But how many Sinhala nationalists, who grumble that the US is not doing enough to bash the LTTE, know about the US Special Forces' role in training the LRRP teams that penetrated deep into the Vanni and killed very senior Tigers?
One could list many other instances where Special Forces, Navy Seals and other elite arms of the US Army helped the Sri Lanka Army improve its fighting and planning capabilities immensely during the height of the war from May 1997 to April 2002.
But let us look at what the US is currently doing to stabilise the Sri Lankan state.
The Tokyo Declaration by donor nations was primarily designed to use aid as a carrot to persuade/coerce the Sinhala polity to fundamentally restructure the unitary Sri Lankan state into a federal form of government.
The architects of the Tokyo Declaration, particularly some member countries of the European Union, appear to have assumed that squeezing the flow of aid could hit the Sinhala polity below the belt and thereby make it compromise the unitary state.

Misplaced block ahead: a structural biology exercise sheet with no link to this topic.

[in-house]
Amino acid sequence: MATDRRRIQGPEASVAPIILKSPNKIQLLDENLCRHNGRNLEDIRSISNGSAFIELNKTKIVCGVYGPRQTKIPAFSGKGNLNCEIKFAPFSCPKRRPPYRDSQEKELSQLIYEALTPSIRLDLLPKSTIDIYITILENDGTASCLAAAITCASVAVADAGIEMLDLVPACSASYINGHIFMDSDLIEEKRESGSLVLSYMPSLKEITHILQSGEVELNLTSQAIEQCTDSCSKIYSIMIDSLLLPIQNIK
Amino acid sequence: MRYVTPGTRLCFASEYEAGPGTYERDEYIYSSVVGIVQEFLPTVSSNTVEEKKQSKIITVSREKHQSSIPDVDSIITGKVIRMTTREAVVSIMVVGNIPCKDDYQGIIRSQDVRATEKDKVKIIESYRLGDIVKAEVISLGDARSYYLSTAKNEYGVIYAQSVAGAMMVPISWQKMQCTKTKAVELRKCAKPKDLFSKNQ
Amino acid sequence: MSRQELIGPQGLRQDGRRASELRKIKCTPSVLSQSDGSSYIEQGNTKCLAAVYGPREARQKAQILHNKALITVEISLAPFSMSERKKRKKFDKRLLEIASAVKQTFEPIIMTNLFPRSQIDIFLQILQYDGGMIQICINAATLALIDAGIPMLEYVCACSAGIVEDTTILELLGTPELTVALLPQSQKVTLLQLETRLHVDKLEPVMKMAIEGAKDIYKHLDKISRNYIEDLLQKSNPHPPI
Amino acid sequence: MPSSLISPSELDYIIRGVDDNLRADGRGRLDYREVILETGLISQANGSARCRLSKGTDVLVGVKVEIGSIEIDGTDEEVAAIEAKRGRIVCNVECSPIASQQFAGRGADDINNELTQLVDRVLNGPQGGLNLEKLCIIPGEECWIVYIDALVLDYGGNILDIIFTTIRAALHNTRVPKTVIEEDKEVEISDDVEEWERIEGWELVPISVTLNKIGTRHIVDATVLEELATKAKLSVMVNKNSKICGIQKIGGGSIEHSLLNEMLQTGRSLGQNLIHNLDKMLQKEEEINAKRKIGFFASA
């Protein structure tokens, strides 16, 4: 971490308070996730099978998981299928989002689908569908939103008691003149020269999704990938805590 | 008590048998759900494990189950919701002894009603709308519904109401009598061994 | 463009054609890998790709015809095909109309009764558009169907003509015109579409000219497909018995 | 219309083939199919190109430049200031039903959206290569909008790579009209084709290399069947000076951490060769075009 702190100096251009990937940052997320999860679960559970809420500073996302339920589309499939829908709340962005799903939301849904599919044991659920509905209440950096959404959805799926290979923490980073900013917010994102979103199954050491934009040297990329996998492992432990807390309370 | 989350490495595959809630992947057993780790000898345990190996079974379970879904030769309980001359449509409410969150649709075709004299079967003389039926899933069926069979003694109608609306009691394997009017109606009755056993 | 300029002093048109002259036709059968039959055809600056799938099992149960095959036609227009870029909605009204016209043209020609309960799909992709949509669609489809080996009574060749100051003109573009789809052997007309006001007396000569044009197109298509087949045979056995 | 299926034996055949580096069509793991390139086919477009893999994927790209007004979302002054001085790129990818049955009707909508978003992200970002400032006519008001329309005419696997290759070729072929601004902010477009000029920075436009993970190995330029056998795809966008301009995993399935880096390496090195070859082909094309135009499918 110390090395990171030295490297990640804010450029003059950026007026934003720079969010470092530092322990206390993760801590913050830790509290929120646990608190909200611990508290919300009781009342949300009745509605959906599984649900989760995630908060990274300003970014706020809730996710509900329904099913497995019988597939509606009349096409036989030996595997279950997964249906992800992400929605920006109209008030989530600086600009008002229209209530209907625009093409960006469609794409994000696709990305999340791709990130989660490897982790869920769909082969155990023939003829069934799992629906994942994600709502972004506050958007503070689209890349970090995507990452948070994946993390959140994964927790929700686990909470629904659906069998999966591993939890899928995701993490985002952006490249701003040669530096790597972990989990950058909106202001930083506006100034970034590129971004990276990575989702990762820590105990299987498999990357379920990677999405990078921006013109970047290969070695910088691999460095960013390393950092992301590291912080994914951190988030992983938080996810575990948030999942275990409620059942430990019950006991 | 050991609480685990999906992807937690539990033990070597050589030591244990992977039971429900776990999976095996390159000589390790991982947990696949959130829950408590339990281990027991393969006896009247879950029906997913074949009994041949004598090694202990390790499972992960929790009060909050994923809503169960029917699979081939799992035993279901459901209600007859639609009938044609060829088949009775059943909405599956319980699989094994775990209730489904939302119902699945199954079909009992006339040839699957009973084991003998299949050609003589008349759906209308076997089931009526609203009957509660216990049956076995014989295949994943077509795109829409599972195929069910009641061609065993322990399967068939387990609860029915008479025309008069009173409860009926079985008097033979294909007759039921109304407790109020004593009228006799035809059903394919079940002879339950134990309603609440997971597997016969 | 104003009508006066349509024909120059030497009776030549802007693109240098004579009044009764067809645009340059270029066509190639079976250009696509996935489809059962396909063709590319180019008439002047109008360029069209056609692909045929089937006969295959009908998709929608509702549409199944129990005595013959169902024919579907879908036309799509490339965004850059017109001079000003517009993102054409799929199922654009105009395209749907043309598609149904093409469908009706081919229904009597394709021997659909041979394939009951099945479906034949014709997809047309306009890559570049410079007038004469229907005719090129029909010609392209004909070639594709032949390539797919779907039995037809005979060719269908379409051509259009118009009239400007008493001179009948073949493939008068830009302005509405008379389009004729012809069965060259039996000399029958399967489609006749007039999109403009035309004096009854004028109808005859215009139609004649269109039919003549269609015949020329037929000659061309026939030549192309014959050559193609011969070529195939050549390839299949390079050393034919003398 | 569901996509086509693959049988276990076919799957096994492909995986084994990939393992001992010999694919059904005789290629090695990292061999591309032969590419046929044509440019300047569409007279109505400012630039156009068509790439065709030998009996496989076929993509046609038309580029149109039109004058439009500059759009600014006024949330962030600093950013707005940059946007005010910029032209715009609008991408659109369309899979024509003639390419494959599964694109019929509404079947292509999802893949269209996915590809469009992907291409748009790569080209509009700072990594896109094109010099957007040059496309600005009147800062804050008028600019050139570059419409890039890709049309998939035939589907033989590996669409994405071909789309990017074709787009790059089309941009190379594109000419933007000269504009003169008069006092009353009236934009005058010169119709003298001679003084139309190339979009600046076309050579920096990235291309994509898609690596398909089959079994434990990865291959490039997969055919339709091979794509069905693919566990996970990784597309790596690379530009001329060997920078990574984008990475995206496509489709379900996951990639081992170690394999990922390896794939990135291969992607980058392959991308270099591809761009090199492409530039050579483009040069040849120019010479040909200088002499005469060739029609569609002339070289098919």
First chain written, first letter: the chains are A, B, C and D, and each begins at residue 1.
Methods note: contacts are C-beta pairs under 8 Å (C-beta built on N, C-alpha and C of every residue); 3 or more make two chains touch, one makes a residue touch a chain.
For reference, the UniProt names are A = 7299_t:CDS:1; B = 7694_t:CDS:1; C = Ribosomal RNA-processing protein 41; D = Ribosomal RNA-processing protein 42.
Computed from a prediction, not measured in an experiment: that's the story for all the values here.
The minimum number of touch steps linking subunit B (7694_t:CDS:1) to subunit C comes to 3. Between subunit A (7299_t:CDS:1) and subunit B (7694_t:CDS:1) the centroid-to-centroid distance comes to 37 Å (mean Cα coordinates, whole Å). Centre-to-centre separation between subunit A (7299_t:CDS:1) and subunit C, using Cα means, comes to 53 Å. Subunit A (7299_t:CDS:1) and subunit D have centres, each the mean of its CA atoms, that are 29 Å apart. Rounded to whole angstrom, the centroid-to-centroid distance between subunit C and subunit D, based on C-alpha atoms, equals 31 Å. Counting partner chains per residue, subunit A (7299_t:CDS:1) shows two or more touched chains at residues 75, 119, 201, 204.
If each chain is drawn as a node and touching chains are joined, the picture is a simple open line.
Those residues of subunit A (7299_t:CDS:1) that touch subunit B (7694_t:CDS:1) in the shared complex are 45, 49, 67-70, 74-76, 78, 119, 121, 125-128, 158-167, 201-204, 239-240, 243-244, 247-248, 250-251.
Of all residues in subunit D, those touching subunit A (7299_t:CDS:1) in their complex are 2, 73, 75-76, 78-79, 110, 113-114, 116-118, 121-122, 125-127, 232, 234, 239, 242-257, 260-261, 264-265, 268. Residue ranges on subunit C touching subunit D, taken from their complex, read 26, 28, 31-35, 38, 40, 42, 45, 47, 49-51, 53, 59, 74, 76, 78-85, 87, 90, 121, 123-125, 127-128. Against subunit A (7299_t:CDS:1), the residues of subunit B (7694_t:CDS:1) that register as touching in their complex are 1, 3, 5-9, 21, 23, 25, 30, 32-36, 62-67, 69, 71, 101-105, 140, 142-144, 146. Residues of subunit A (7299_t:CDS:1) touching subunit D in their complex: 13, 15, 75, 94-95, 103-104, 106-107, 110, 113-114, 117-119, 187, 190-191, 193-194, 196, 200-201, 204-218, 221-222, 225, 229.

Today officials of some EU countries lament that the US has sent the wrong signals to the Government of Sri Lanka (GOSL) by announcing that it is eligible for the Millennium Account facility. The GOSL would no longer be under any strong pressure to restart negotiations with the LTTE, they say. US ally Japan and the Asian Development Bank have followed suit in removing the 'coercive aid factor' from Sri Lanka's peace equation.
Therefore, given US commitment to keep the LTTE on the list of foreign terrorist groups and in the absence of the 'coercive aid factor' there is nothing today to compel the Sinhala polity to radically restructure the unitary Sri Lankan state.
Sinhala nationalists can now rest assured that they can totally trash the ISGA proposal and indefinitely postpone talks with the Tigers without having to fear any effective external coercion.
Of course, some EU countries and India appear to think that the US move to neutralise the 'coercive aid factor' would create conditions that can precipitate another war.